• Yomiuri Editorial
  • Science Council of Japan reform

Government funding for scientist body carries significant weight

The Science Council of Japan is an organization representing scientists in Japan. It is important to strengthen its ability to propose polices and link this to solutions for issues that society is facing.

The government has compiled a set of reform proposals for the council. It has put forward a plan to review the selection process for membership, which has a capacity of 210, in order to increase the transparency of the council’s management.

Currently, the prime minister appoints candidates recommended by the council as its members. The proposed reforms call for establishing a new third-party committee that will provide opinions on the selection of members, and for the council to respect the views of the committee.

In response, the council issued a statement calling for the government to reconsider this proposal on the grounds that it “may interfere with the autonomous and independent selection of members.”

The government injects about ¥1 billion into the council each year. The members are part-time national public servants of special services. The prime minister is responsible for appointing them.

As long as the government covers the operating costs of the council and the prime minister is responsible for personnel affairs, there should be no problem with the government’s involvement in the selection process for members.

With regard to the selection of council members, then Prime Minister Yoshihide Suga refused to appoint six of the potential members in 2020, and the seats remain vacant. It is believed that Suga excluded researchers who criticized government policies.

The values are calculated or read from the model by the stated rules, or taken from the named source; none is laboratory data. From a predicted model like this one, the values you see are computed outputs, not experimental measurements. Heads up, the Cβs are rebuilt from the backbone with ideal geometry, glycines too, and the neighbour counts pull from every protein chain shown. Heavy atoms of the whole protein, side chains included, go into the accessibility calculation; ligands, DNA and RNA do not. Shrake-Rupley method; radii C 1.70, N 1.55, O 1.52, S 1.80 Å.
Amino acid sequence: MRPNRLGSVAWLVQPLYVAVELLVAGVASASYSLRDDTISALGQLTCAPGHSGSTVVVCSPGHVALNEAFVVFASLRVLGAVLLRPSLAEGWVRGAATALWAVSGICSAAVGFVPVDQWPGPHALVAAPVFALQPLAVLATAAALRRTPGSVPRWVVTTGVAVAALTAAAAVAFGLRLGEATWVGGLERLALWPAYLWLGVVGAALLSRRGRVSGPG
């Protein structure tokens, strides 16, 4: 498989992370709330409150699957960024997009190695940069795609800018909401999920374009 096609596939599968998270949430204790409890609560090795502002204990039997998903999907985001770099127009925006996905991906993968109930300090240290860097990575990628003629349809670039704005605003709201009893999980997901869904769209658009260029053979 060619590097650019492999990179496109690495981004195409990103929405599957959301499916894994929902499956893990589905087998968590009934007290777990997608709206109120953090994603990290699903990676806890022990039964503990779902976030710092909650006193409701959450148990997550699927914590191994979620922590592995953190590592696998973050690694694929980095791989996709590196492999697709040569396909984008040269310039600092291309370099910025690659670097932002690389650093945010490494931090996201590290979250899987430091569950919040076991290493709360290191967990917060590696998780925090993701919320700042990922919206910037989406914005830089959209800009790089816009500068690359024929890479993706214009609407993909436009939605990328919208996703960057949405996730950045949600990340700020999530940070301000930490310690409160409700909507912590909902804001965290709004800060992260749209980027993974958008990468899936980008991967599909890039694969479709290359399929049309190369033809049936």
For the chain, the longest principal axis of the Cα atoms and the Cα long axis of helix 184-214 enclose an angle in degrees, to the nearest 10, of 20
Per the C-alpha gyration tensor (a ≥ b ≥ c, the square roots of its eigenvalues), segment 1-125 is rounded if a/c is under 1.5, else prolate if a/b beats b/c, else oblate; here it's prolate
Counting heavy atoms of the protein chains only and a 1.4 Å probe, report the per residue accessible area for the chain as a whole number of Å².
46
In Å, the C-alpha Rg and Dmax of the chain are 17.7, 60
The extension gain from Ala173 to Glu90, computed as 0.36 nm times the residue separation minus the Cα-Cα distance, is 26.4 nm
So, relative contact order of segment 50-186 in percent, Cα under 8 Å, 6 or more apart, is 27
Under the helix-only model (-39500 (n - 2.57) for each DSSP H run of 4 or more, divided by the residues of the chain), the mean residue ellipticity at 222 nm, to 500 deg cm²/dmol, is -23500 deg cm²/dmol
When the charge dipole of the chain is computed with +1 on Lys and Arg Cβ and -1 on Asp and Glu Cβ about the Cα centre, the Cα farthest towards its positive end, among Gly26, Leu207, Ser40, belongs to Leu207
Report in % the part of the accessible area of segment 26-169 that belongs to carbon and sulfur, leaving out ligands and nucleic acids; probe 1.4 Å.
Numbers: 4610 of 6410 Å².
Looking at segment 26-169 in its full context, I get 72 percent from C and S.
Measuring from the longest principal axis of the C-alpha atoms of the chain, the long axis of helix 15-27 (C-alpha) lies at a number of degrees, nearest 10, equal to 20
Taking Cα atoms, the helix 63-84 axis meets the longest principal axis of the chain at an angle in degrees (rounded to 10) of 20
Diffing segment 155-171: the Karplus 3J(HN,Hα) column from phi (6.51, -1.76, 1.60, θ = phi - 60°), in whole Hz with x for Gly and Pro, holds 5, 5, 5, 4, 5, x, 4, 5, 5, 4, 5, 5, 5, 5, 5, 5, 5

Last year, as part of its own reform initiatives, the council said that it would seek a broad range of third-party opinions in the selection of its members. It is difficult to understand the council’s opposition to the government’s proposal to establish a new third-party committee, given its own third-party committee idea. The government and the council should consult with each other carefully.

It is not desirable for the government and the council to remain in conflict for a prolonged period of time. It is important for both sides to come to a compromise and foster a trusting relationship.

In its reform proposals, the government has also called for a mechanism in which the council draws up a medium-term management plan and conducts self-assessment based on the opinions of outside experts.

For the council, this would help to broaden understanding of its research activities.

The government is now working to submit a revision bill to the ordinary Diet session in 2023, taking into consideration opinions from the council’s side. A system must be built for the entire country to work together to promote the progress of science and technology.

In recent years, the line between civilian and military research and development of advanced technologies has been disappearing. Many countries are actively incorporating the results of scientific research into national security technologies and equipment.

The council has long opposed research for military purposes, but last July, partly in response to societal demand, it expressed a view to effectively accept dual-use research. This should not end up being a mere announcement and a system should be put in place to conduct specific research.

(From The Yomiuri Shimbun, Dec. 31, 2022)